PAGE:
"The killer hurricane and flood that devastated the Gulf Coast last week exposed fatal weaknesses in a federal disaster response system retooled after the terrorist attacks of Sept. 11, 2001, to handle just such a cataclysmic event.
"Despite four years and tens of billions of dollars spent preparing for the worst, the federal government was not ready when it came at daybreak on Monday, according to interviews with more than a dozen current and former senior officials and outside experts."
"Joe M. Allbaugh, the former Bush campaign manager who served as his first FEMA head," was "critical of FEMA's natural disaster focus and lectured senior managers about the need to adjust to the post-9/11 fear of terrorism. So did his friend Michael D. Brown, a lawyer with no previous disaster management experience whom Allbaugh brought in as his deputy and who now has the top FEMA post. 'Allbaugh's quote was "You don't get it,"' recalled the senior FEMA official, who spoke on the condition of anonymity. 'If you brought up natural disasters, you were accused of being a pre-9/11 thinker.'"
"Jack Harrald, director of the Institute for Crisis, Disaster, and Risk Management at George Washington University, said FEMA's natural disaster focus was nearly liquidated. 'We ended up spending a lot of money on infrastructure protection and not the resiliency of the actual infrastructure,' Harrald said. 'The people who came in from the military and terrorist world thought we had the natural disaster thing fixed.'"
"On the Friday before Katrina hit, when it was already a Category 2 hurricane rapidly gathering force in the Gulf, a veteran FEMA employee arrived at the newly activated Washington headquarters for the storm. Inside, there was surprisingly little action. 'It was like nobody's turning the key to start the engine,' the official recalled.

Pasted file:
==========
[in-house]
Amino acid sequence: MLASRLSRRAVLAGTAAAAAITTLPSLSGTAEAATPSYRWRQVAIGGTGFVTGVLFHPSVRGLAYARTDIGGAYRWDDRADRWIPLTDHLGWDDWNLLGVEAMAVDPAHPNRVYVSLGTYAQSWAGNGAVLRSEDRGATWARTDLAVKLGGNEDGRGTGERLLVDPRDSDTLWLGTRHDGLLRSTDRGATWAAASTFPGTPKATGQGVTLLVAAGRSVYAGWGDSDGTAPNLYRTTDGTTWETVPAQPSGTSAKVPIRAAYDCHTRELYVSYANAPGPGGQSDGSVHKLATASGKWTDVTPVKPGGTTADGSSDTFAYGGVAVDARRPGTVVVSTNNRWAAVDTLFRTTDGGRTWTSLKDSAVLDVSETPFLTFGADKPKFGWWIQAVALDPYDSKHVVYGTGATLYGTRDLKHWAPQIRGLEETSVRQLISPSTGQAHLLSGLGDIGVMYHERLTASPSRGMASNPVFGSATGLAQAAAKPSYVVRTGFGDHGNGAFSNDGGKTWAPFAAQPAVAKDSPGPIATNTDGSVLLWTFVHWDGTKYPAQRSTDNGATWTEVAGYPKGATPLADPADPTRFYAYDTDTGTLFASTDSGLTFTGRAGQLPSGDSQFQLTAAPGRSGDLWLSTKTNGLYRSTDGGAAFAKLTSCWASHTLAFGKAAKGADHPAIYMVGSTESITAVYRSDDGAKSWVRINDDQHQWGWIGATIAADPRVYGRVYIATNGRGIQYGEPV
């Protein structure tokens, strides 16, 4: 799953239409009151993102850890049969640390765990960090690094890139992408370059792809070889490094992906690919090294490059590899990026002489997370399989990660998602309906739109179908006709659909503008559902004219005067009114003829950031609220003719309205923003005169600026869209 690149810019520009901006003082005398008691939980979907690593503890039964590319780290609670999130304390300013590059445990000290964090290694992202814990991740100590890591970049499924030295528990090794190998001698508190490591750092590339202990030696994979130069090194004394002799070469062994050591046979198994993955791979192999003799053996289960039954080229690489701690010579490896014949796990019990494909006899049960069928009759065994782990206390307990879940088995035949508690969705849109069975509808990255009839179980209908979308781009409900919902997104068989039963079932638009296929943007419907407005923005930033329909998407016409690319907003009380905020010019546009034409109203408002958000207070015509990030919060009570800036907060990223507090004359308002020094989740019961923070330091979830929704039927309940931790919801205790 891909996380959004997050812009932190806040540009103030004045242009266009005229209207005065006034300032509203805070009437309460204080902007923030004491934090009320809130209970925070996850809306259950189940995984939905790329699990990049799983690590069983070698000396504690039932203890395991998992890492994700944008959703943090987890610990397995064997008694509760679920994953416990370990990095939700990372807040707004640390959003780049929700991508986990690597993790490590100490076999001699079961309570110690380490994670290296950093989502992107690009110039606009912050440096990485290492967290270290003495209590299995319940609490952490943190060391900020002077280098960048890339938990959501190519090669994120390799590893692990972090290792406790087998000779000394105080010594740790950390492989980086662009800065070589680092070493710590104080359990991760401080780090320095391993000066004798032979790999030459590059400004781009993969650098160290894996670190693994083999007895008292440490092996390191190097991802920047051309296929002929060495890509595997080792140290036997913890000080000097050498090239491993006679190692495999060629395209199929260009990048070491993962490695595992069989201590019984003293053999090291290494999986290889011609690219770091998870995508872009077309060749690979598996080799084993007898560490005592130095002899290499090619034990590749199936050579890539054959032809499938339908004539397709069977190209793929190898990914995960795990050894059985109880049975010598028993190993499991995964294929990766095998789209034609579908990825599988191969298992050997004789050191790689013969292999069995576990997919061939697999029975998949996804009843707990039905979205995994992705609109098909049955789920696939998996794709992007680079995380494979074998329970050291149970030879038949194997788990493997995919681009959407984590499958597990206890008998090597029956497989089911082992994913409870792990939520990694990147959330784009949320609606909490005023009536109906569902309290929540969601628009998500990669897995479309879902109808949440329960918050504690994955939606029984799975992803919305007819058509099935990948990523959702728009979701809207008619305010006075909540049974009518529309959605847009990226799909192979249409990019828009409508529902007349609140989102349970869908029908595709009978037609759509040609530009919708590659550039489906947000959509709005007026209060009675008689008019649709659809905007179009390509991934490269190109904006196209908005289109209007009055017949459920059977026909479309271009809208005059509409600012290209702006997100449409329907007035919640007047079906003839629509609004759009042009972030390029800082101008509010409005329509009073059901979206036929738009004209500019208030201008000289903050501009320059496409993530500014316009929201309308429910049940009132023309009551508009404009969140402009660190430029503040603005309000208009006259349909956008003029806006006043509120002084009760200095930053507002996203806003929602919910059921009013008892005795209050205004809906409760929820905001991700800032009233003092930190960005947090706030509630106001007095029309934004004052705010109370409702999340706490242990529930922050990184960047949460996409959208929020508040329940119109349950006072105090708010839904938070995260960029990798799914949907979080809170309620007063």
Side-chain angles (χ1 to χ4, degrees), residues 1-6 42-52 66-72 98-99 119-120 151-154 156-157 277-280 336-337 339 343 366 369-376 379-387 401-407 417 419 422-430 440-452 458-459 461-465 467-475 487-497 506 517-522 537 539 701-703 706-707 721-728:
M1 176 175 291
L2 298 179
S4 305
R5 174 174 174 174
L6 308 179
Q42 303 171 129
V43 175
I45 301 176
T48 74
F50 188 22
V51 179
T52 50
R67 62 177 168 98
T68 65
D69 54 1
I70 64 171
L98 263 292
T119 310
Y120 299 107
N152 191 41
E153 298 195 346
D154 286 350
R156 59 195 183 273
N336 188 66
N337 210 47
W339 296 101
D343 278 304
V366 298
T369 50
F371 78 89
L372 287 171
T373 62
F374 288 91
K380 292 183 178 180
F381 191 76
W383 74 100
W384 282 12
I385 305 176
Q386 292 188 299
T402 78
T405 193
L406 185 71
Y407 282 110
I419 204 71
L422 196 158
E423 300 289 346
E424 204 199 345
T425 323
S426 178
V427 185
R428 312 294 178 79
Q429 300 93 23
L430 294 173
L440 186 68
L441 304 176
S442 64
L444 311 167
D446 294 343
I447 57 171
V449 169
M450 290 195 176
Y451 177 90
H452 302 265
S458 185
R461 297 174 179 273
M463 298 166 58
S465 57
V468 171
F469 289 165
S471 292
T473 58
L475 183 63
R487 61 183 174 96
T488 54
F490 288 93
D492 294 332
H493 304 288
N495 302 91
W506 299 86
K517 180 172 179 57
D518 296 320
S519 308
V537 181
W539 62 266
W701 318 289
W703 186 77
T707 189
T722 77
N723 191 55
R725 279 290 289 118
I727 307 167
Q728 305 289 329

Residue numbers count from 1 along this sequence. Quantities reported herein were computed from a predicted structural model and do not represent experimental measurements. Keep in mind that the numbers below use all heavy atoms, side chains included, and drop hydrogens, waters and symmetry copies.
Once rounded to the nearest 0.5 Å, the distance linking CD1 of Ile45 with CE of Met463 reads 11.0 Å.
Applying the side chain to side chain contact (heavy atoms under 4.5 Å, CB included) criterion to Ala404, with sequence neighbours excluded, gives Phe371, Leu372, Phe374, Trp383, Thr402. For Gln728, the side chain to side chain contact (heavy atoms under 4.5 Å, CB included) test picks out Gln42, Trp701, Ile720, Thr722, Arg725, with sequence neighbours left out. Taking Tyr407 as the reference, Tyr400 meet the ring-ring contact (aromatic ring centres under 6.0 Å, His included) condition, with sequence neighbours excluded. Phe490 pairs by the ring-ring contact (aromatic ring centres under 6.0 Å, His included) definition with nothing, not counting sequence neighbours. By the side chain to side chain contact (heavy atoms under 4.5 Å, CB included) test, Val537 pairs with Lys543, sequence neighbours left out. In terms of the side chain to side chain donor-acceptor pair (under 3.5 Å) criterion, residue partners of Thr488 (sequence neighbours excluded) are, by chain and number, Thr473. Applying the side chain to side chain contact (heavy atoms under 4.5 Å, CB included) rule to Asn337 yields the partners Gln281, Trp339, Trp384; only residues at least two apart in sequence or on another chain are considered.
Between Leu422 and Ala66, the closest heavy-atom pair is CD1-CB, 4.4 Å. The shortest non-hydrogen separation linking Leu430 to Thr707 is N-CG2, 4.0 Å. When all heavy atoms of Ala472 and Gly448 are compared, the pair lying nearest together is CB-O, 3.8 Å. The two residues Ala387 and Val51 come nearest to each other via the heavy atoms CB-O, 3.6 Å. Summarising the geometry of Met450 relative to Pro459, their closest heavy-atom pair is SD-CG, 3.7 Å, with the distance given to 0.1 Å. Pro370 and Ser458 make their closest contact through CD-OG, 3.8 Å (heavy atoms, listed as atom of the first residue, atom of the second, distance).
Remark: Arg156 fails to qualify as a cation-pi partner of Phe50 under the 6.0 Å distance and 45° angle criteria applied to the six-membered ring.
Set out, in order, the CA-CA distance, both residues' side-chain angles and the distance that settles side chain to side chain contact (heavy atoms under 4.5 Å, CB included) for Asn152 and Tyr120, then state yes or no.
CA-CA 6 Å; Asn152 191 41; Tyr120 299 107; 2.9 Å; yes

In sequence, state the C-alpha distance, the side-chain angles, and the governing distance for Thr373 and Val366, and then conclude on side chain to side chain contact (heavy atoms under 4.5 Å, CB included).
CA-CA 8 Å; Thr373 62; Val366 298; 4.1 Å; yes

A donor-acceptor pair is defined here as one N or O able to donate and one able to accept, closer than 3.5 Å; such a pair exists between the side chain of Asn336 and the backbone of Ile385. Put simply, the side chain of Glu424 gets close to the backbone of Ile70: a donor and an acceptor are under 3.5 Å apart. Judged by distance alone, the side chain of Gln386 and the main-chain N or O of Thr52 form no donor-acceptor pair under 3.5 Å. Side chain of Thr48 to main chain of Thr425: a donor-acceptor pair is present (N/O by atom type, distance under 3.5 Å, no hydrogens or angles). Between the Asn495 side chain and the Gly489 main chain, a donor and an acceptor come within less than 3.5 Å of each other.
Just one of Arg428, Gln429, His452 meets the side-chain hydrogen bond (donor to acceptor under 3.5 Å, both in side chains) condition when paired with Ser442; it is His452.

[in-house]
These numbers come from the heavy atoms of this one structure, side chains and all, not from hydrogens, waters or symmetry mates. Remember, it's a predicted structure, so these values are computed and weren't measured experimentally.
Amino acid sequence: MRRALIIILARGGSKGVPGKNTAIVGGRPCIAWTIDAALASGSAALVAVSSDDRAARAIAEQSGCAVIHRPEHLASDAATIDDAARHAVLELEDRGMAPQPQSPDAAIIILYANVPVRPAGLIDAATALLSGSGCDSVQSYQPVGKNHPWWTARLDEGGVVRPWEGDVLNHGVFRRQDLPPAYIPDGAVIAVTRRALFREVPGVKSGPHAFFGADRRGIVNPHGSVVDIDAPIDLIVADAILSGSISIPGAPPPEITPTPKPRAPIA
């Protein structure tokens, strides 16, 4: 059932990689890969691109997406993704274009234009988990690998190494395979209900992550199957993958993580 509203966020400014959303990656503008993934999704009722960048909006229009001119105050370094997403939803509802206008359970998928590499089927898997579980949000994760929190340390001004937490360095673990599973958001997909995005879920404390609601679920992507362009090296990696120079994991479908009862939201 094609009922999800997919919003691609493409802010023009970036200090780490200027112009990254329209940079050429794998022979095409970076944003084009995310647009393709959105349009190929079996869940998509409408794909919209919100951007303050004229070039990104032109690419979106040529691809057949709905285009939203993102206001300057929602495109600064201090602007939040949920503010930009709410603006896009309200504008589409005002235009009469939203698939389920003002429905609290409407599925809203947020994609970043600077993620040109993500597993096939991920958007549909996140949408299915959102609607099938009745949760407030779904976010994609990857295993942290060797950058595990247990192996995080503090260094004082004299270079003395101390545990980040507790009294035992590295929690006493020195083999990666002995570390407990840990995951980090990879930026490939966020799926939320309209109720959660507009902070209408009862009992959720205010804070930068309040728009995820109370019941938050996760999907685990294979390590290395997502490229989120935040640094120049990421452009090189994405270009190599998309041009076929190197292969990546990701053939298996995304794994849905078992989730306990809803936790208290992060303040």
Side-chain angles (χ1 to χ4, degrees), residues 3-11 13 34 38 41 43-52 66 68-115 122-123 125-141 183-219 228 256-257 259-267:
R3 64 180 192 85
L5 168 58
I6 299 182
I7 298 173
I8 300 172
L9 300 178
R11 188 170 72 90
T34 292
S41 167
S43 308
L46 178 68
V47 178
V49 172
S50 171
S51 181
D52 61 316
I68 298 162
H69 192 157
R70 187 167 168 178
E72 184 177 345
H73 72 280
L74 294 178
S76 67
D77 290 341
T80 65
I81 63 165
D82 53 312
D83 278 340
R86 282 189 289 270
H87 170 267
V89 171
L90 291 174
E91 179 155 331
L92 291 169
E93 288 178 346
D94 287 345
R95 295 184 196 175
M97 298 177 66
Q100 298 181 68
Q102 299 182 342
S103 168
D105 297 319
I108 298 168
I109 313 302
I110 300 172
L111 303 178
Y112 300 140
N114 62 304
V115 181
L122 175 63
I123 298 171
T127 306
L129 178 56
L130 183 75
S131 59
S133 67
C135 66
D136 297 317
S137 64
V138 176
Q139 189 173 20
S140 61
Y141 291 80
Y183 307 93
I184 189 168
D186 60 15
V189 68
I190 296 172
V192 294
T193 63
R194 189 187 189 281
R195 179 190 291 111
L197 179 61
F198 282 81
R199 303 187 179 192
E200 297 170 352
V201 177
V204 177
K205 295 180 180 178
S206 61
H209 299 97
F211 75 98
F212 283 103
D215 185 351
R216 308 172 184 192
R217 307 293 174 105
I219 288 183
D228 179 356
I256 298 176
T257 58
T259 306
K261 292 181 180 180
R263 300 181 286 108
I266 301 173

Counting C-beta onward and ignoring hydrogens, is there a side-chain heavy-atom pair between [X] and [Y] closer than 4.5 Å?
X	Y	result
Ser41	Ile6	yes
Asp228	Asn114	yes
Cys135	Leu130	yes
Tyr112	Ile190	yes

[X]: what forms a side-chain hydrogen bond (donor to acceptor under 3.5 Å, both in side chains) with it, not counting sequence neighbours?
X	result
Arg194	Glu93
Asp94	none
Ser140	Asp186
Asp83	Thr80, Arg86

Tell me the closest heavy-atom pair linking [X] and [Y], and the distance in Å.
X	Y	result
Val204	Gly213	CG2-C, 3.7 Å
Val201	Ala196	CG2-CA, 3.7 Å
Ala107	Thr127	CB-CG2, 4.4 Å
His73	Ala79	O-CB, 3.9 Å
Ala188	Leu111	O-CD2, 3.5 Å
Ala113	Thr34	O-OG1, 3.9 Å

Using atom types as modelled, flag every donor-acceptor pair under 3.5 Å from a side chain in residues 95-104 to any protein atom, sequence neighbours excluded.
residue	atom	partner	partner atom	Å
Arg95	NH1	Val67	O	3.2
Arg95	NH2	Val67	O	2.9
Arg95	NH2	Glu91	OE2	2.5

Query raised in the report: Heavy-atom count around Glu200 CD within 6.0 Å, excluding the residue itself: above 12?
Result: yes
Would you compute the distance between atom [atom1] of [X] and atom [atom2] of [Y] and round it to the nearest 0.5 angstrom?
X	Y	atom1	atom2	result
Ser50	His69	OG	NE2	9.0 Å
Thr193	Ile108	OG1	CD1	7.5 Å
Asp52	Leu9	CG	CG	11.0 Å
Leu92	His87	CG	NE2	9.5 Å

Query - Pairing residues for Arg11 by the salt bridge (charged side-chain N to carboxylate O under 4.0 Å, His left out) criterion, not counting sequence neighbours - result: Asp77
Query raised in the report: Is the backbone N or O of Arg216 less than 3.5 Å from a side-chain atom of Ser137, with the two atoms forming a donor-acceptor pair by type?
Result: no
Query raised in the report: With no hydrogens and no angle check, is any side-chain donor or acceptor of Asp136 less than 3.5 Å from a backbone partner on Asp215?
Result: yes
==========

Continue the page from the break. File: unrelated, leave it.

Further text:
"Brown, the agency's director, told reporters Saturday in Louisiana that he did not have a sense of what was coming last weekend."
"But other officials said they warned well before Monday about what could happen. For years, said another senior FEMA official, he had sat at meetings where plans were discussed to send evacuees to the Superdome. 'We used to stare at each other and say, "This is the plan? Are you really using the Superdome?" People used to say, what if there is water around it? They didn't have an alternative,' he recalled."
"Federal authorities say there is blame enough to go around. In a news conference yesterday, Chertoff cautioned against 'finger-pointing' and said no one had been equipped to handle what amounted to two simultaneous disastersthe hurricane and subsequent levee break.
"Other federal and state officials pointed to Louisiana's failure to measure up to national disaster response standards, noting that the federal plan advises state and local emergency managers not to expect federal aid for 72 to 96 hours, and base their own preparedness efforts on the need to be self-sufficient for at least that period. 'Fundamentally the first breakdown occurred at the local level,' said one state official who works with FEMA. 'Did the city have the situational awareness of what was going on within its borders? The answer was no.'" ...
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